Community Outreach in East San José

As this year’s atmospheric river storms have shown, flooding in the Bay Area doesn’t just stop at the shoreline, but also impacts inland neighborhoods.  When creeks overflow, storm drain systems get overwhelmed, or rain pools in low-lying areas, the resulting flooding can impair daily activities and damage homes. This is especially true in East San José, a historically underinvested neighborhood, where several exposed creeks leave surrounding areas at risk of flooding as climate change causes water levels to rise and storms to intensify.

Two women standing in front of a printed out map
Solandyi Aguilar (Veggielution) and Olivia Farias (Plastic Free Future) look at locations that have previously flooded in East San José

On April 1, 2023, Save The Bay tabled at Veggielution’s community farm stand in East San José. Alongside a Spanish interpreter from Plastic Free Future, we spoke with community members about flooding in their neighborhoods and the importance of green stormwater infrastructure in mitigating flooding. We invited folks to indicate where they have experienced flooding in East San José over the past few years by placing pushpins on a map of the area. Color-coded pushpins represent instances of minor, moderate, or major flooding. Minor flooding is flooding that doesn’t cause permanent damage but may be an inconvenience. Moderate flooding causes some inundation of structures, and major flooding causes extensive inundation and may require evacuation.1 There are many areas in San José where the flood hazard is undetermined, so community input helps educate city staff about where improved stormwater infrastructure is most needed.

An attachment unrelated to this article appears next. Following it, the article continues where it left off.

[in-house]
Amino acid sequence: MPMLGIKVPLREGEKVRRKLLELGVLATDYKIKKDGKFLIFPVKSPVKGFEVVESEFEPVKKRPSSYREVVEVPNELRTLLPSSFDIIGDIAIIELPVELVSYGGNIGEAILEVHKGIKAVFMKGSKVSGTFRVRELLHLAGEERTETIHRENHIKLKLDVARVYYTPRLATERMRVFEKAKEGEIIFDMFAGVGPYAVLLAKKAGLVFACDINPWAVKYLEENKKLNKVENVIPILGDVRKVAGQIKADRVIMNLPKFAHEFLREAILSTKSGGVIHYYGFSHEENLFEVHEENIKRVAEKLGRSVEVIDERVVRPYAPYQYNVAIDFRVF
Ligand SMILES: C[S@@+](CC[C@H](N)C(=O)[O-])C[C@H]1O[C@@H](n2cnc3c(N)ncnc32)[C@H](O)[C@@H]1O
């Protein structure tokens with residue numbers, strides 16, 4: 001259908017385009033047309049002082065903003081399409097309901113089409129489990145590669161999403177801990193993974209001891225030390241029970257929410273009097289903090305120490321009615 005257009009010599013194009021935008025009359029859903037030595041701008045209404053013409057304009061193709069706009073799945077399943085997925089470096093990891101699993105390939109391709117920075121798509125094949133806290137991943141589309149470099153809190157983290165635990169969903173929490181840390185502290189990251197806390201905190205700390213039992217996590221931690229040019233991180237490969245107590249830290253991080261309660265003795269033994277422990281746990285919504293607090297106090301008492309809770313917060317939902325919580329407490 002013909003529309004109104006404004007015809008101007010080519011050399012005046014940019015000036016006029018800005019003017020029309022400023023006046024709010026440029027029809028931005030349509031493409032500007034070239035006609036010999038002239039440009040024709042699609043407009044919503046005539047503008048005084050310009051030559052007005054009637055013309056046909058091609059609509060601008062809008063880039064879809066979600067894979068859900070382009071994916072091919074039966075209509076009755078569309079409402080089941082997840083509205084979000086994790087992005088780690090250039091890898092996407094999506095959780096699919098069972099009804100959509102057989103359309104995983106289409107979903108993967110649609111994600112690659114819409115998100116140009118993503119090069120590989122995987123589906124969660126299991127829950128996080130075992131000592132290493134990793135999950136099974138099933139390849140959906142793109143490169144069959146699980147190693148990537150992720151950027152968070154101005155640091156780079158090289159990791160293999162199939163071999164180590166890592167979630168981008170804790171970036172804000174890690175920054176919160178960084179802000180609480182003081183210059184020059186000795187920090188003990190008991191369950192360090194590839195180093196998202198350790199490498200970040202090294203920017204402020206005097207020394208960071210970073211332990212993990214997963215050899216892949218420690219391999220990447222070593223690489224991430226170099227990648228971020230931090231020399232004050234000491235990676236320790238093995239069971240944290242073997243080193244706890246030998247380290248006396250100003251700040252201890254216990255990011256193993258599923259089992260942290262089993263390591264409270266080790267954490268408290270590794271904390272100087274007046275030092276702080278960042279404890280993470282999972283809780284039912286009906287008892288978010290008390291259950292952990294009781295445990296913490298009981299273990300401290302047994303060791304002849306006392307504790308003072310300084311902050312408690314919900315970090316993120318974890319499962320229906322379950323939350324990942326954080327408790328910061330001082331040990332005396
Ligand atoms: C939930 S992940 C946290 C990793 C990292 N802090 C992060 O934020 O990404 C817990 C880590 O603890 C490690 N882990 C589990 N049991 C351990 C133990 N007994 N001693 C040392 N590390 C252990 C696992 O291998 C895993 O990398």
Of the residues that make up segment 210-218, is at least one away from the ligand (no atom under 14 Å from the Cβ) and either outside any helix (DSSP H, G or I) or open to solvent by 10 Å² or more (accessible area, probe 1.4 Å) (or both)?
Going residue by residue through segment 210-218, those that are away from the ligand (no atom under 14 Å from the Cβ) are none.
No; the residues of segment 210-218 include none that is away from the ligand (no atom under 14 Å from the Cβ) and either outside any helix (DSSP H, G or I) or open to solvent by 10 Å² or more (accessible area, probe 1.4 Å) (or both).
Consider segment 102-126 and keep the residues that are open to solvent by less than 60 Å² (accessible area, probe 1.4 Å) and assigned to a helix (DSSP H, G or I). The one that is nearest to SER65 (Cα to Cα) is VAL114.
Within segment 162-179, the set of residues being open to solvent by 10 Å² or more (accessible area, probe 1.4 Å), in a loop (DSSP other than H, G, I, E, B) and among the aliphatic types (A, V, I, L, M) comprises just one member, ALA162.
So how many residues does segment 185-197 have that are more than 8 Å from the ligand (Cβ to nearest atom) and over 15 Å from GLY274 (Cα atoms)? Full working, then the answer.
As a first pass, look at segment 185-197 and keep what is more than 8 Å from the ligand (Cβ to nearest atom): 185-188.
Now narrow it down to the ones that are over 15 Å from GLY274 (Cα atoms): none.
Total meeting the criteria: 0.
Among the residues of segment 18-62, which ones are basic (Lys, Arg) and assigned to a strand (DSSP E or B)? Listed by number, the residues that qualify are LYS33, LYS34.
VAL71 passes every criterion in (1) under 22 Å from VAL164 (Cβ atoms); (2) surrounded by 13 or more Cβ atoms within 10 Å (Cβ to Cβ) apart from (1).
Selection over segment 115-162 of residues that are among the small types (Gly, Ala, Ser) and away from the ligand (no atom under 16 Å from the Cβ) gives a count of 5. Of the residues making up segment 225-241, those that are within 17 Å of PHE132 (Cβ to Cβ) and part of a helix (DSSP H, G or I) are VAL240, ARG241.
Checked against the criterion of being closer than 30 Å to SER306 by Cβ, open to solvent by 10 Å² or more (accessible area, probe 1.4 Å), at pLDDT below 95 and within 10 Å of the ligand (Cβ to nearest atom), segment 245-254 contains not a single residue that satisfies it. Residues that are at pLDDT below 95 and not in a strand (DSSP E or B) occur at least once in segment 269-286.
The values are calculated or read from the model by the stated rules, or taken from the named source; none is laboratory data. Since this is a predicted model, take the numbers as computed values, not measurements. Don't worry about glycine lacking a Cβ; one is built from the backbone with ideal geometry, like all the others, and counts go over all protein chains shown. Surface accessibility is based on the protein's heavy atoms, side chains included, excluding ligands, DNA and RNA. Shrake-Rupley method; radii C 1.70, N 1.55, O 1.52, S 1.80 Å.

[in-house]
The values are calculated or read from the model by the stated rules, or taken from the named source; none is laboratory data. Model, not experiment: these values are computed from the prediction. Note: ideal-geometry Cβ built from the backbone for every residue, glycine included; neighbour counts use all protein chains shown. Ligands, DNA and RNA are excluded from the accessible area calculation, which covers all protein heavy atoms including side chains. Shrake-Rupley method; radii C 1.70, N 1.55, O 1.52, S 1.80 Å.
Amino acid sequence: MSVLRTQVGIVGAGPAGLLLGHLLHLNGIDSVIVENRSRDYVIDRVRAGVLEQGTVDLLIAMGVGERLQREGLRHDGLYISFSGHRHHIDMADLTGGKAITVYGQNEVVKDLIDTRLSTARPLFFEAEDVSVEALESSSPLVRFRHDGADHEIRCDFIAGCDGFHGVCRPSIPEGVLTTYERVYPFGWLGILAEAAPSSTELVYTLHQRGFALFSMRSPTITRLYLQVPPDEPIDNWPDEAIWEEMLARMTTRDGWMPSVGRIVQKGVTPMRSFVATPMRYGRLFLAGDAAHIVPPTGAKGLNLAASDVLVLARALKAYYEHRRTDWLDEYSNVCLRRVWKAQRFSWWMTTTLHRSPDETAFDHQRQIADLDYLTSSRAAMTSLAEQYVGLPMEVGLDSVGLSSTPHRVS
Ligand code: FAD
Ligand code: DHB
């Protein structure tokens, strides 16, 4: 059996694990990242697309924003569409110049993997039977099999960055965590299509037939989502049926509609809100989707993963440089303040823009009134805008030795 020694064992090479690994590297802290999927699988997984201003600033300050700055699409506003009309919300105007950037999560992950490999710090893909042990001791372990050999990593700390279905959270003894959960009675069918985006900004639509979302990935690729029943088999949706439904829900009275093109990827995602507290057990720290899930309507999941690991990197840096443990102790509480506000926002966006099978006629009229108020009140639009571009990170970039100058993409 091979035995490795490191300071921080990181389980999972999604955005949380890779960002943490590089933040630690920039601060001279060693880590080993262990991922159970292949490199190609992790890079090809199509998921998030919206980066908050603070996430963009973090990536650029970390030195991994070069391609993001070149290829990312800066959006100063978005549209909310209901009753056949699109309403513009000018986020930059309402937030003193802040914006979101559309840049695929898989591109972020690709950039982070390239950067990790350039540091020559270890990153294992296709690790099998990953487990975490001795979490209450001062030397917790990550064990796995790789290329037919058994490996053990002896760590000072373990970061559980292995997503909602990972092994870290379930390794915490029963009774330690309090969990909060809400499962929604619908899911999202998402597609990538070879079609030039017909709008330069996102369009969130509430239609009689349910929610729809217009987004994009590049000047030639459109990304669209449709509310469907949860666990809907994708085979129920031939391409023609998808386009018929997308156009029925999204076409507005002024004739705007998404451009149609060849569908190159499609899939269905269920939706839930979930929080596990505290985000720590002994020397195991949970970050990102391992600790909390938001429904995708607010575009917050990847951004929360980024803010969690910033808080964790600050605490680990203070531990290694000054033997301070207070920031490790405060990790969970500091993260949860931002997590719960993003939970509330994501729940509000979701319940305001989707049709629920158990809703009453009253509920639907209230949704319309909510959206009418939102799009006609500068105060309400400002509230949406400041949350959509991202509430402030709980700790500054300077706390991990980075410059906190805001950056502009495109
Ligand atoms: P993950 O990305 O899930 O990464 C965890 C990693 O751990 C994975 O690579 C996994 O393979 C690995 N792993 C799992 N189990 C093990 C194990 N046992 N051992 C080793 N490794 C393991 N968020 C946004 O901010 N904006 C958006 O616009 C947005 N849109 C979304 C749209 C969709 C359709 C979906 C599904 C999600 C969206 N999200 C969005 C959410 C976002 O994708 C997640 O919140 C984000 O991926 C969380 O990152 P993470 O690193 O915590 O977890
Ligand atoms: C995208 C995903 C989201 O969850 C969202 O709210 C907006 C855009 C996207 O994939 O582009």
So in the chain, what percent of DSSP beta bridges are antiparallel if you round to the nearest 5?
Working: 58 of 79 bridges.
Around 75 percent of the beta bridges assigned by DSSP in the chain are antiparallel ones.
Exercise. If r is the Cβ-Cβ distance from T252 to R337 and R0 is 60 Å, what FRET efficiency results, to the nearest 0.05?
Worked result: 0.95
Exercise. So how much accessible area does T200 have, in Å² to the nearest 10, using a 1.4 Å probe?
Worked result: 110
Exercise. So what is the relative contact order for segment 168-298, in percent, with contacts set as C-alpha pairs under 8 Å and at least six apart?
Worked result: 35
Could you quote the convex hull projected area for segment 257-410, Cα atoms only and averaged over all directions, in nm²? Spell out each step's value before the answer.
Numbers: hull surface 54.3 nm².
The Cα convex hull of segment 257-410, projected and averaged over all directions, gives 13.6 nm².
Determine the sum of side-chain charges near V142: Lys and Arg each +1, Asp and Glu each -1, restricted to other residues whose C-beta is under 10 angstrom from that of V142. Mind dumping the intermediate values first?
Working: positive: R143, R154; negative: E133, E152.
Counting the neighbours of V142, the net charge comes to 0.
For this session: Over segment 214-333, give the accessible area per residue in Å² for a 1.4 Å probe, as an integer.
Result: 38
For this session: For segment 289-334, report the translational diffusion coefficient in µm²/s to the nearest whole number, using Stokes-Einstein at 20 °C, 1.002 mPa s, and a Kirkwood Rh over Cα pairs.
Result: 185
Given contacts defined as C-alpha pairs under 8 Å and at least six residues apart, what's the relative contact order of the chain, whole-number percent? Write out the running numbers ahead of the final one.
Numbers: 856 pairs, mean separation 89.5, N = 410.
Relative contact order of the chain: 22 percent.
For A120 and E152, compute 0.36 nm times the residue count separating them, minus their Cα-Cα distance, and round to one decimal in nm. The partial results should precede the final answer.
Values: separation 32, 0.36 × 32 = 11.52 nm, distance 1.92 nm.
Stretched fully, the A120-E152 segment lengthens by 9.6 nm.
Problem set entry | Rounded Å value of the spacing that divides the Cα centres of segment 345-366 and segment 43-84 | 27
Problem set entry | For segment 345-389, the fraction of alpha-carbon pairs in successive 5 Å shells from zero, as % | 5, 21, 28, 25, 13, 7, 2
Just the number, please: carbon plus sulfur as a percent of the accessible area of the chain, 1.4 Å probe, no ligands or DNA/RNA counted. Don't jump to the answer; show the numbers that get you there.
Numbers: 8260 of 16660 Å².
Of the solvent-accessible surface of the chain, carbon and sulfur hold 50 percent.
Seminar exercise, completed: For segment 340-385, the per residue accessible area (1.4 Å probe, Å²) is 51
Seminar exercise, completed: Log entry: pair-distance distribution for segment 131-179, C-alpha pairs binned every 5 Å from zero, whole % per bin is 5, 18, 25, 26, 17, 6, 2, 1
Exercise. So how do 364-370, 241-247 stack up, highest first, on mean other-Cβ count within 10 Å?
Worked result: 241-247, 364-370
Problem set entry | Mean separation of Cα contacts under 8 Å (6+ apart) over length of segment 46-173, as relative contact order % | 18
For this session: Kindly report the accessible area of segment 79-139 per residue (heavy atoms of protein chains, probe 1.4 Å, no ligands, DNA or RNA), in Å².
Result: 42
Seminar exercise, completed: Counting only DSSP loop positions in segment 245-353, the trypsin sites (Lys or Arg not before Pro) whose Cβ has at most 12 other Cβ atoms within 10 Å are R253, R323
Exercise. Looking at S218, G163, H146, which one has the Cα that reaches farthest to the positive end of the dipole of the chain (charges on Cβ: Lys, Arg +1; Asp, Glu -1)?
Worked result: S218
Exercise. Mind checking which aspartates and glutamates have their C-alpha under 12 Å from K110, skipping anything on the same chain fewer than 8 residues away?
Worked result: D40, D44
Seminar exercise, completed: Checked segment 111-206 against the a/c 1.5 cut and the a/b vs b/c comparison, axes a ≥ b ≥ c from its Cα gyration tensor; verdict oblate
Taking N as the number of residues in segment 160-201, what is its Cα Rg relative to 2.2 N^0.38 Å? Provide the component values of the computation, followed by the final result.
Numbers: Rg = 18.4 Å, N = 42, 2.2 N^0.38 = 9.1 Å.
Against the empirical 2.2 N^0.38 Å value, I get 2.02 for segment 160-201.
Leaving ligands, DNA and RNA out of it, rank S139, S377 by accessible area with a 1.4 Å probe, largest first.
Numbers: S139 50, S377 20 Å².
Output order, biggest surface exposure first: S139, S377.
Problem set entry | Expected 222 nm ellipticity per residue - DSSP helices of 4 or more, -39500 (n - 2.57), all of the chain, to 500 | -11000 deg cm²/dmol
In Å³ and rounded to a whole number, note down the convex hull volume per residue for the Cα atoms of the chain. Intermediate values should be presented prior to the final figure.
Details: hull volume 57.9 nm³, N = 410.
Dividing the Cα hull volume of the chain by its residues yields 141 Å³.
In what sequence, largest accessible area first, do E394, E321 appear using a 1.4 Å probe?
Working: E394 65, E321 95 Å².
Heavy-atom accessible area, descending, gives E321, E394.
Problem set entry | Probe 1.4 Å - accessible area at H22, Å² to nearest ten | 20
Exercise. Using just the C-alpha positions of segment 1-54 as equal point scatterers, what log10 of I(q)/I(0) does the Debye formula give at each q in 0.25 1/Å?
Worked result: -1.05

Where Is There Flooding? 

About half the people we spoke to had experienced flooding in East San José. Many of the flooding instances were observed on or under highways, such as the 280, 87, and 101 highways shown above. Another cluster of flooding was observed near Coyote Creek. Several people remembered the major flooding that occurred when Coyote Creek overflowed in 2017, forcing hundreds to evacuate from their homes. Luckily, those we spoke to did not experience any major flooding during this year’s atmospheric river storms. However, major flood events like we saw in 2017 are likely to become more common as climate change advances.  

Demonstrating Solutions: Green Stormwater Infrastructure 

In addition to asking people where they experienced flooding, we also spoke to them about a possible solution: green stormwater infrastructure (GSI). Green stormwater infrastructure replaces impermeable surfaces like asphalt and cement with vegetated spaces that capture water and direct it into the city’s stormwater system. An added benefit of GSI is that it can help combat the urban heat island effect, which East San José residents identified as a key concern in a workshop we held in 2021. 

As urban heat and flooding worsen due to climate change, we will need more GSI to help build cities’ resilience. Save The Bay will be working with San José and other Bay Area cities to accelerate the funding and implementation of green stormwater infrastructure.